across all transportation modes” for protecting transportation assets, “the most appropriate,
practical, and cost-effective means of defending those assets,” and “the agreed upon roles and
missions of Federal, state, regional, and local authorities.” Such plans would provide guidance to
federal agencies and other stakeholders as to the goals, objectives, roles and responsibilities for
passenger-rail related security activities.
This national transportation strategic plan, and the security plans for each transportation mode,
were due to Congress by April 1, 2005. Due to the sensitive nature of some of this information,
the act provided that classified information shall be provided to the appropriate congressional
committees separately. DHS sent a classified report to Congress in September 2005 on a 27
“National Strategy for Transportation Security.” The release of the mode-specific security plans
26 For more discussion of risk management, see CRS Report RL32561, Risk Management and Critical Infrastructure
Protection: Assessing, Integrating, and Managing Threats, Vulnerabilities and Consequences, by John D. Moteff; and
Carl A. Roper, Risk Management for Security Professionals, Butterworth-Heinemann, 1999. GAO reported that DHS
used a variant of this approach, where “Criticality” referred to critical assets that enable the operator to achieve it
mission, and “Impact” measures the consequence of an attack on critical assets. GAO, Passenger Rail Security:
Enhanced Federal Leadership Needed to Prioritize and Guide Security Efforts, GAO-05-851, September 2005, pps.
27 Detour Ahead: Critical Vulnerabilities in America’s Rail and Mass Transit Security Programs, prepared at the
request of Congressman Bennie G. Thompson, ranking Member, by the Democratic Staff of the Committee on
Homeland Security, United States House of Representatives, (no date, approximately June 2006), p. 17. The initial
version of the National Strategy for Transportation Security was criticized by the original 9/11 Commission members,
acting as a private organization called the “9/11 Public Discourse Project,” as lacking “the necessary detail to make it
an effective management tool.” 9/11 Public Discourse Project, Final Report on 9/11 Commission Recommendations,
was announced by DHS on May 21, 2007, as part of an announcement of the completion of all 28
seventeen sector-specific infrastructure sector plans discussed below. TSA has testified that the
mode-specific plans identify underwater and underground tunnels in as one of the highest security
In 2006, DHS also issued a National Infrastructure Protection Plan (NIPP) to serve as a guide to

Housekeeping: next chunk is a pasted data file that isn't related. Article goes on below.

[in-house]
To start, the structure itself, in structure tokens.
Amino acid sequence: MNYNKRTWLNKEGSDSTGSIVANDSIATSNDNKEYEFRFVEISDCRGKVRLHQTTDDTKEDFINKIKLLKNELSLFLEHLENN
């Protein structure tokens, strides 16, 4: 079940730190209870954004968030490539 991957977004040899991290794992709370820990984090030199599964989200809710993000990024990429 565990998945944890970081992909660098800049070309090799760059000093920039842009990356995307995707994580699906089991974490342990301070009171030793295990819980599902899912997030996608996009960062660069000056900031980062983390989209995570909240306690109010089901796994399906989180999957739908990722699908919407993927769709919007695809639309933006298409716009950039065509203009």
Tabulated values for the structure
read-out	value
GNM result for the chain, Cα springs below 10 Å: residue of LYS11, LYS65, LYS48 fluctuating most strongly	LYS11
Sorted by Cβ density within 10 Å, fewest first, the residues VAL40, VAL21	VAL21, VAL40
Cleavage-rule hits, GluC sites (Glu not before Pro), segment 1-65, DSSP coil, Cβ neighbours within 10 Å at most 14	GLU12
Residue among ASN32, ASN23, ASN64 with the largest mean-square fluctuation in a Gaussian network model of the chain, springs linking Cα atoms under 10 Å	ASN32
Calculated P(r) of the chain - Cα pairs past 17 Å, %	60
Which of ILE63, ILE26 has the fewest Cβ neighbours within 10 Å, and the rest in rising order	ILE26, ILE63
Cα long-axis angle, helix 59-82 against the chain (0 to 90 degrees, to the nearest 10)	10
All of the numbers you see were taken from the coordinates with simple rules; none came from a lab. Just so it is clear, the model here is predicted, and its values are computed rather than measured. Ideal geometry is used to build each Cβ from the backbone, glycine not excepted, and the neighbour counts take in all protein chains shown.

using risk management principles for prioritizing protection efforts within infrastructure sectors 29
(e.g., transportation) and across sectors. The NIPP required that sector-specific agencies submit
plans to DHS by December 2006 identifying critical assets, evaluating the risk to them, and
developing measures to protect them. The NIPP called for the sector plans to be developed by
councils of federal, state, and regional and local government agencies involved in that sector,
along with sector councils made up of private sector stakeholders. The government council for
the transportation sector was formed in January 2006, but, alone among the seventeen
infrastructure sectors, the transportation sector did not have a private sector council as of March 30
“once the modes are organized,” an overall transportation sector council will be formed. DHS
announced that the transportation sector-specific plan (along with the other sector plans) and
transportation mode-specific annexes were completed on May 21, 2007. GAO notes that “these
plans are only a first step...[they] are not required to address how the sector is actually assessing 32
risk and protecting its most critical assets.”
TSA is the agency primarily responsible for transportation security. It was originally created
within the DOT, but was transferred to DHS when that department was created. DOT agencies
remain responsible for safety within transportation modes, a responsibility that often overlaps
with security. The passenger rail industry has raised concerns about TSA’s degree of
understanding of their industry, and openness, compared with DOT agencies such as the FRA and
FTA, with whom the industry has long-established ties. For example, as noted above, passenger
rail operators have reported that TSA did not adequately consult with the industry in developing
the directives for passenger rail security, and concerns have been raised about some of the
directives conflicting with other passenger rail industry regulations. GAO noted that TSA has
recently said it recognizes the need to work more closely with the passenger rail industry in 33
developing security standards and directives. To improve coordination between DHS and DOT
in transportation security, they have signed a Memorandum of Understanding defining their
December 5, 2005. Available at http://www.9-11pdp.org/press/2005-12-05_report.pdf (viewed November 29, 2006).
28 Unrestricted access versions of the transportation sector plan, and the mode-specific plans, are available at